Last week saw two attacks on communities of faith. The first, at an African-American church, was thwarted by security measures the congregation had put in place after Charleston. Undeterred, the gunman went to a nearby town and gunned down two African-Americans in a parking lot. The second was at Tree of Life Synagogue in Pittsburgh where 11 worshippers, aged 54 to 97 were brutally murdered by a white man. Both assassins were white men filled with hatred,, white supremacy, racism, and Anti-Semitism.
It may be that as a culture, we are so hardened by the recurrence of acts of racist terrorism that we hardly noticed the Kentucky incident. Or perhaps it was because only two people were killed. In either case, the lives lost there and the escalating violence against African-Americans, enabled by a culture of white privilege that refuses to acknowledge our complicity in systemic racism, has not so much reopened old wounds as it has exposed how deeply racism pervades the American psyche and American culture.
The killings at Tree of Life Synagogue have struck a nerve in myself and throughout America. World War II and the Final Solution showed us the scale of the horror that human beings could inflict on each other and revealed the end goal of Anti-Semitism. At the same time, American Jews assimilated into the mainstream. Overt acts of Anti-Semitism became rare and bias against Jews became unfashionable. As many Jews have become less observant and inter-marriage between Jews and non-Jews common, Jews seemed to be different from other Americans only in their personal or family histories, or that they observed Chanukah as well as Christmas.
The massacre at Tree of Life, like the massacre at Mother Emanuel Baptist Church places a mirror in front of us, revealing us to be who we are, revealing that Anti-Semitism is not a historical relic but a present reality. It demands that we confront it in all of its evil, to expose all the ways our culture and our religion continue to be shaped by it.
Though Christianity began as a movement within Judaism and a movement that sought to maintain a Jewish identity at its center, its theological and institutional development was shaped by anti-Judaism. Paul’s vision that “in Christ there is neither Jew nor Greek, slave or free, male and female” quickly gave way to a very different perspective, such as that in the Gospel of John, where “Jews” are depicted as Jesus’ implacable opponents and responsible for his death. Not surprisingly, the Pittsburgh shooter alluded to a verse from John on his social media profile: “Jews [You, the text reads] are the children of Satan” (John 8:44).
Theologically, Jews were consistently viewed as obstinate, or stiff-necked for their resistance to the truth of the Gospel. Efforts were even made early on to expunge Scripture of its Jewish content or to claim that the Old and New Testaments bore witness to two different Gods—a perspective that persists in popular ideas of the “the angry God of the Old Testament” and the “loving God of the New Testament.”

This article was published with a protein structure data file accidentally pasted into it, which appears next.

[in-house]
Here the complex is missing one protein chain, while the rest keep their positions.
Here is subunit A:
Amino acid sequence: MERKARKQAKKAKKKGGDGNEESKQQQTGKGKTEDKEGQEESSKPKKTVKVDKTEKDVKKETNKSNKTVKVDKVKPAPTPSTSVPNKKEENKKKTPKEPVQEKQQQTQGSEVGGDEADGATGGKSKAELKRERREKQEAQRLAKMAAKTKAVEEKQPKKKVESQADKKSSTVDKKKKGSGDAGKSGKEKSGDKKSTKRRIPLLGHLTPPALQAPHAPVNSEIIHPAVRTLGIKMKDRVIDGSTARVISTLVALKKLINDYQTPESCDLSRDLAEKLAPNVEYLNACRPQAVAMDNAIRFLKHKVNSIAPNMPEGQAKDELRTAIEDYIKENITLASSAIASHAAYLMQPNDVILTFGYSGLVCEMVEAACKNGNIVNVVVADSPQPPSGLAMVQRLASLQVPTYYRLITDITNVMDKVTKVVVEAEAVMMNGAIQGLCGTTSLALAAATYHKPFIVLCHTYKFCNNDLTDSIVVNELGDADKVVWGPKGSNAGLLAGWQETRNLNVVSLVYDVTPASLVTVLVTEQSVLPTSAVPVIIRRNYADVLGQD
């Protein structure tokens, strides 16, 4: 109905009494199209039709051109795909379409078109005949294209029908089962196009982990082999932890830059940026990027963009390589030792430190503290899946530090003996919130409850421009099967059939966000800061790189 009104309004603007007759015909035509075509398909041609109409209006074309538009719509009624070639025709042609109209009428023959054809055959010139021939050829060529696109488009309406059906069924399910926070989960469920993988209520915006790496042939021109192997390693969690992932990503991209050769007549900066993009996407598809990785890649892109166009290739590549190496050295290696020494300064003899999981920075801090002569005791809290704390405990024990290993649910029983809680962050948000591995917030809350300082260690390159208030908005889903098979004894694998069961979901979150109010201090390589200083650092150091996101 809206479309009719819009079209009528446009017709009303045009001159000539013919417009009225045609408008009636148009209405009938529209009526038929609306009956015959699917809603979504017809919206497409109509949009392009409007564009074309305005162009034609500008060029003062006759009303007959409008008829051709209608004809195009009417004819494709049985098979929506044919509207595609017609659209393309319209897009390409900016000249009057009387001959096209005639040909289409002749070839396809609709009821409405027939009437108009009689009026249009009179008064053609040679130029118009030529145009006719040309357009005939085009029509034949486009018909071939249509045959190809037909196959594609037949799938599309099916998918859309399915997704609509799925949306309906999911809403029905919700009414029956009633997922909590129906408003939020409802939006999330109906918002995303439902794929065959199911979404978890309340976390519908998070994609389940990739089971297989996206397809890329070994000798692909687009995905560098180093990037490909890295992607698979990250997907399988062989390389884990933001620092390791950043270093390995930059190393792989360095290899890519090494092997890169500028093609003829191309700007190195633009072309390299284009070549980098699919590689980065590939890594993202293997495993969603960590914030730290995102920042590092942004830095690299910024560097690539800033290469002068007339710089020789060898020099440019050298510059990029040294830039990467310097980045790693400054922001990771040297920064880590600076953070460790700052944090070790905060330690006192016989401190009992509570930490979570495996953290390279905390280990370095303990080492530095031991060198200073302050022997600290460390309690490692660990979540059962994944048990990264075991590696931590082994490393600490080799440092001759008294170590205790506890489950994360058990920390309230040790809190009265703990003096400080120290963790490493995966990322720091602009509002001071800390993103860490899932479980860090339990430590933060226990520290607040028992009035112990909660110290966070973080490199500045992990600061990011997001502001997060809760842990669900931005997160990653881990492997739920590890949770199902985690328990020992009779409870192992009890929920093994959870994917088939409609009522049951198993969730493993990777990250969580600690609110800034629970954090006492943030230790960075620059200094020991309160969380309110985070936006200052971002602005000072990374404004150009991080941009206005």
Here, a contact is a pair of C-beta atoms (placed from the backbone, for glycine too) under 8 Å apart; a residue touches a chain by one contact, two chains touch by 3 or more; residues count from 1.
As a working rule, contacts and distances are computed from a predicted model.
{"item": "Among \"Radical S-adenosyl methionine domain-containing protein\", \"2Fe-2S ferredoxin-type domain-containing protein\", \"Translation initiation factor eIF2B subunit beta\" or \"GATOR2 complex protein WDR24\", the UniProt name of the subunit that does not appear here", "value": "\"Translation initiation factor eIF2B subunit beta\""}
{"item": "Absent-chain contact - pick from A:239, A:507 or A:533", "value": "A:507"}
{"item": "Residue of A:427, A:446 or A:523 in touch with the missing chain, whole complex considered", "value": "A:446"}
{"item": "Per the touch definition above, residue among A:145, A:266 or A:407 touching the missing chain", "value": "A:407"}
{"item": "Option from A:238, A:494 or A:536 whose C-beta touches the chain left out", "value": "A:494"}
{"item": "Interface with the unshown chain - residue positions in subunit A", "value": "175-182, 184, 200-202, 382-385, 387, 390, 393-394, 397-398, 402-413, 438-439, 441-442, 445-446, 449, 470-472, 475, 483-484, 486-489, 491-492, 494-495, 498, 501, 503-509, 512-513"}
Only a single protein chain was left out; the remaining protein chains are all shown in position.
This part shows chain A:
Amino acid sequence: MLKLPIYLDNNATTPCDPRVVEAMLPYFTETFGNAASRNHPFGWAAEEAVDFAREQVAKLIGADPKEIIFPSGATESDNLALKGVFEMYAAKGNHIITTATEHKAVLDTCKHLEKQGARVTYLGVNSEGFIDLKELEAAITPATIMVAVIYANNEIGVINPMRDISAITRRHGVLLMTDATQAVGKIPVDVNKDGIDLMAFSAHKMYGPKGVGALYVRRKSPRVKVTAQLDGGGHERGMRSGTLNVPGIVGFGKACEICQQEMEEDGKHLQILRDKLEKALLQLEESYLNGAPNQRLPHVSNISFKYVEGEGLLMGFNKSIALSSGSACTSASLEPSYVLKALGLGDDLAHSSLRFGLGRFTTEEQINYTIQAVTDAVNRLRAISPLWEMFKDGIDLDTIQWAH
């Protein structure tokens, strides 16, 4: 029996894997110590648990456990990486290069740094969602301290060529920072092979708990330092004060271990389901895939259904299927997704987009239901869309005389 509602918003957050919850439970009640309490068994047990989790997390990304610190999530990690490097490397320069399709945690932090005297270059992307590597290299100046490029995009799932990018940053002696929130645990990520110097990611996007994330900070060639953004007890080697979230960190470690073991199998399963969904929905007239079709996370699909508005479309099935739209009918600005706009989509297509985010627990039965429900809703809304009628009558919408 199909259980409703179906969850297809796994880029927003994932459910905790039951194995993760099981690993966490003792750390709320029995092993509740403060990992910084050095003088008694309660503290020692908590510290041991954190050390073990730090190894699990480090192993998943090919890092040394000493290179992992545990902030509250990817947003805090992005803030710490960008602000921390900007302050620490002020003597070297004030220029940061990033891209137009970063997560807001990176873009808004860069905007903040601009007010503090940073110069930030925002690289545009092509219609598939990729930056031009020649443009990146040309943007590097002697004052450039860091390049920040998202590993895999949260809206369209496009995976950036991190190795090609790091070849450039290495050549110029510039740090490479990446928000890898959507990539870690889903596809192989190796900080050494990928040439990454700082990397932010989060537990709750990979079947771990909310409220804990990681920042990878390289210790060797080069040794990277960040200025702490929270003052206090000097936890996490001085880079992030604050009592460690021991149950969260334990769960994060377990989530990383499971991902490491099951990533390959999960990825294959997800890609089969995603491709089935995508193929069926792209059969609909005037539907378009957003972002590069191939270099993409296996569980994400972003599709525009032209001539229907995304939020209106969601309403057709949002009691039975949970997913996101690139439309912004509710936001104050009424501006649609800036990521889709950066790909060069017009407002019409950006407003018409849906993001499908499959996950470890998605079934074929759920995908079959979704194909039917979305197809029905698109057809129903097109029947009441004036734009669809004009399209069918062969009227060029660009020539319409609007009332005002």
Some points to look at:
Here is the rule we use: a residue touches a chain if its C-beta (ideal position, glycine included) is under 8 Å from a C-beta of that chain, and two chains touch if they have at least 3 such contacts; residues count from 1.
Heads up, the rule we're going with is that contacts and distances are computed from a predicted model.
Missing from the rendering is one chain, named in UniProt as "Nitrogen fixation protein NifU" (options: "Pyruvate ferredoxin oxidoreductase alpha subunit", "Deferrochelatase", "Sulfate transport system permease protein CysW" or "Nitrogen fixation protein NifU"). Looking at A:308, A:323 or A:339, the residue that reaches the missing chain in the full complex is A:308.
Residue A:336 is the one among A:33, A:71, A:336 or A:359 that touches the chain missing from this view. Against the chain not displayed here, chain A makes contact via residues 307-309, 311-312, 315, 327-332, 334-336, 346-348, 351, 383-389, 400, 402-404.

I won’t rehearse here the history of Christian Anti-Judaism or how over time that Anti-Judaism, which was based in theological categories became something much broader and ultimately developed into Anti-Semitism. But there are important elements that are worth noting. For example, the first victims of the Medieval crusades were not Muslims or Turks, but Jews living in German towns and cities of the Rhineland. In the sixteenth and seventeenth centuries, after Jews were expelled from Spain, the Spanish Inquisition continued to pursue third and fourth generation descendants of Jewish converts to Christianity.
If racism is America’s original sin, then Anti-Semitism is Christianity’s original sin, a symbol of our failure to embrace the full humanity and diversity of our brothers and sisters and to conceive of a God who might extend grace and love to all people without abandoning the covenant established with God’s chosen people. And like our reluctance to confront the racism central to American identity, our refusal to confront the Anti-Semitism that has helped to shape and define Christianity, has allowed it to linger just below the surface, or to manifest itself in a myriad of subtle ways. Still, it remains persistent and powerful enough to enter our political discourse in language of “globalism” or profiteering, in attacks on Jewish philanthropists or humanitarian organizations, or in images in campaign mailers that draw on medieval depictions of Jewish moneylenders.
As Christians, we must do more than mourn the dead, lament the persistence of Anti-Semitism, and shake our fingers at hate mongers. We must confront all the ways Christianity has contributed to the hate and evil in our culture and our history and we must do the hard work of developing resources that provide a basis for constructing a new way of being religious and Christian in our complicated and violent world. And even as we excavate the evil in our past and in our theology, we must acknowledge all the ways that our scriptures, our theologies, and our liturgies offer life-giving alternatives, hope, and joy, in the midst of so much evil.